MLB owners fail fans, players, game
MLB cancels first two series because of MLB lockout
Eighty-one days. That’s how long it took for Major League Baseball to finally sit before players and negotiate in good faith after the MLB lockout. At least that’s what everyone was supposed to believe.
In the end, after nine days of “negotiating” – 90 days after the MLB lockout began – both sides walked away without a deal. Instead, commissioner Rob Manfred delivered some bad news.
Though he certainly dressed the part, Manfred’s demeanor when addressing the media after negotiations ended said a lot.
MLB lockout No laughing matter
Tired-looking with his sleeves rolled up and a couple of buttons undone, Manfred acted as though we were supposed to believe that a real effort was being made to start the season on time. Instead, Manfred stood at the podium smiling and laughing moments after announcing the cancellation of the first two series of the season.
After, Manfred released a letter to fans, where he finally delivered some truth.
“I want to assure our fans that our failure to reach an agreement was not due to a lack of effort on the part of either party,” he wrote. “The Players came here for nine days, worked hard, and tried to make a deal.”
He’s right. Players did show up to work on a deal. Unfortunately, the owners did not.
Business is Booming
If you are wondering why all this vitriol is being aimed in the direction of the owners, look no further than how everything has played out to this point.
At midnight, December 2, 2021, the MLB lockout began, initiating a work stoppage. Players lost access to team coaches, trainers, and facilities. They were left to fend for themselves until a new Collective Bargaining Agreement could be reached.
It wasn’t until 43 days later that owners reached out to players with their first offer. From there, the players made a counteroffer, establishing a vicious cycle that would go on for the next month-plus.
Within those offers, owners didn’t seem to be acting in good faith. Concessions were minimal, and, according to Manfred, it’s all because business hasn’t been so good over the last few years.
“The last five years have been very difficult for the league from a revenue perspective,” he said.
The truth is that baseball revenue has been raising while Player salaries have been dropping. According to Michael Ginnitti, co-founder of Spotrac, MLB revenue jumped from $8.2 billion to $10.7 billion from 2015 to 2019. Whereas player salaries dropped from $4.45 billion to $4.17 billion.
Time to collect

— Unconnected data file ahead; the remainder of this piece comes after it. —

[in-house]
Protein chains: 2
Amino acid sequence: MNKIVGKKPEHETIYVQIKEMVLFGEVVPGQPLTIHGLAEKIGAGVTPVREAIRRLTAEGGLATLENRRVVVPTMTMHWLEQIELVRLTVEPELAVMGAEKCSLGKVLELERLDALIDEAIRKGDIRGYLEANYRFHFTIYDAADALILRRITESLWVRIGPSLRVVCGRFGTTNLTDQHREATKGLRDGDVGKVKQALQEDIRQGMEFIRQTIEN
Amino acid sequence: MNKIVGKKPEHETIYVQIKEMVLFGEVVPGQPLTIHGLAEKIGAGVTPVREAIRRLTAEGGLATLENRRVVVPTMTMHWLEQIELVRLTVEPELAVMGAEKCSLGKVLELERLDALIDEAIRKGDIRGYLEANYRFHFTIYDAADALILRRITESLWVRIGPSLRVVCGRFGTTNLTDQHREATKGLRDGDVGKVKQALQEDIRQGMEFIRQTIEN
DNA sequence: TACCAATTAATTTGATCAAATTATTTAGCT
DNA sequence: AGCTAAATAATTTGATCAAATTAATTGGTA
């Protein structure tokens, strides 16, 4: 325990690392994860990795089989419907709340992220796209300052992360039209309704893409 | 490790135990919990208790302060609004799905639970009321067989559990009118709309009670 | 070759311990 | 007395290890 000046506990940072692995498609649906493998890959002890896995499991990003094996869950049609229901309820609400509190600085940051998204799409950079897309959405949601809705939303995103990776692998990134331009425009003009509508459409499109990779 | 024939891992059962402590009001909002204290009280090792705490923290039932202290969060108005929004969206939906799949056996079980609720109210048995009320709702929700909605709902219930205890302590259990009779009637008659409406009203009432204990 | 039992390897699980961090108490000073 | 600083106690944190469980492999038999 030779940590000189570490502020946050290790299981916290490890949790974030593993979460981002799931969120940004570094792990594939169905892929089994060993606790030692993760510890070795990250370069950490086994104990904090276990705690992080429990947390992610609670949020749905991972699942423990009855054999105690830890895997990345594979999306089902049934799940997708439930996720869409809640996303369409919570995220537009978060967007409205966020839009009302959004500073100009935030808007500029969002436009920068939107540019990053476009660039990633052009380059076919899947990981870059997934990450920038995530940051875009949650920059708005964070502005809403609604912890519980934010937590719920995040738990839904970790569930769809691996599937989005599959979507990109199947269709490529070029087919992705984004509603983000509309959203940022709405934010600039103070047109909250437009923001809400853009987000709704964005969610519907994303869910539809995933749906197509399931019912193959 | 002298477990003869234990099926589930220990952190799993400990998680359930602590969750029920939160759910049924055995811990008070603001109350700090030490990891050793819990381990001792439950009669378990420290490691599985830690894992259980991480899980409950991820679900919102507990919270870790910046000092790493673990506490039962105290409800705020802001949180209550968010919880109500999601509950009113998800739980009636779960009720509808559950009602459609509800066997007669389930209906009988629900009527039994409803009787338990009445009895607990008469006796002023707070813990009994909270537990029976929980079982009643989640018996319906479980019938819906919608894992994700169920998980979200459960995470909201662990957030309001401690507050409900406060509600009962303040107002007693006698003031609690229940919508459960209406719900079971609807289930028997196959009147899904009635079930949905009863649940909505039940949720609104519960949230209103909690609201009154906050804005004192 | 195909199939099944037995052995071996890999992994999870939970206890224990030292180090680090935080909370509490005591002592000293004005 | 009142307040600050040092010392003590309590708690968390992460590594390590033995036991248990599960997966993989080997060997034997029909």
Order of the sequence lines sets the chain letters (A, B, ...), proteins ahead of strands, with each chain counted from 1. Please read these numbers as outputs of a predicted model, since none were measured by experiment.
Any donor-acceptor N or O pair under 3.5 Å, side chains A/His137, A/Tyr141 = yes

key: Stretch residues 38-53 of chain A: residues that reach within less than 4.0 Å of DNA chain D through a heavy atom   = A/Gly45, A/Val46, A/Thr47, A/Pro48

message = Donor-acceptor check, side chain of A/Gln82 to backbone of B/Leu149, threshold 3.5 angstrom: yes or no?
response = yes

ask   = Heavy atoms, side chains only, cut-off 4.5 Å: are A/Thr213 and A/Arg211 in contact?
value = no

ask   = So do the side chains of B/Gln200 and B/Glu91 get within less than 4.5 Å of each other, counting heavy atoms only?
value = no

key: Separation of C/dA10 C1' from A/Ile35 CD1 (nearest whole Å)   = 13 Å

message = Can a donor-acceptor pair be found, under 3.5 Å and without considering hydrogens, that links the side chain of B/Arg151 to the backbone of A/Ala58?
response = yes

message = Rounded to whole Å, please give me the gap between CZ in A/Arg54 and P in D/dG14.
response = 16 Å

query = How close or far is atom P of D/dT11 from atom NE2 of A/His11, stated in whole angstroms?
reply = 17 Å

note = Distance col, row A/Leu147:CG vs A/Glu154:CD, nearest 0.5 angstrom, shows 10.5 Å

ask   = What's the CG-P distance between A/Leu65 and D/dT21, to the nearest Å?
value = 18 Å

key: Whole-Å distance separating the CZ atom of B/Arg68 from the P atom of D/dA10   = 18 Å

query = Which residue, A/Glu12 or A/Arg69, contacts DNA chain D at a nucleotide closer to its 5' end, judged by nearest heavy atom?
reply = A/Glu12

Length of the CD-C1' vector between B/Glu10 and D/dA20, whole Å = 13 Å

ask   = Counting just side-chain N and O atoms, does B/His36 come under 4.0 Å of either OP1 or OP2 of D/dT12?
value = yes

The negotiations themselves seemed to revolve heavily around an expanded postseason, something baseball sold to ESPN and is said to be worth somewhere between $100 million to $150 million. It was even reported that broadcasts were being sold to NBC’s streaming platform Peacock and Apple also in the nine-figure range.
From the outside, it looks like business is booming. Yet a closer look at the inner workings reveals an unfair division of wealth, and players are ready to collect their fair share.
Like the rest of us, the MLBPA doesn’t understand why it took so long to finally start talking.
“It is remarkably interesting,” MLBPA Executive Director Tony Clark said. “To find ourselves on February 28th over the course of the last week in West Palm Beach working through the issues that, quite honestly, needed to be, and could have been, and should have been discussed in more depth much earlier than that.”
It is almost like this is what the owners wanted all along. Especially when you consider the arbitrary deadline they set for a deal to be made. It seems that those 43 days of radio silence were pivotal, if 5:00 p.m. on March 1, 2022 was a real deadline.
The only conclusion to make is that baseball wants to create a fracture within the MLBPA. To create pressure with the intention of making the players break.
However, it appears that the players are headstrong.
“We are united and committed to negotiating a fair deal that will improve the sport for Players, fans, and everyone who loves the game,” the MLBPA’s statement read today.
Hopefully, both sides can come together again soon. With its popularity waning, the sport can’t afford a lengthy work stoppage.
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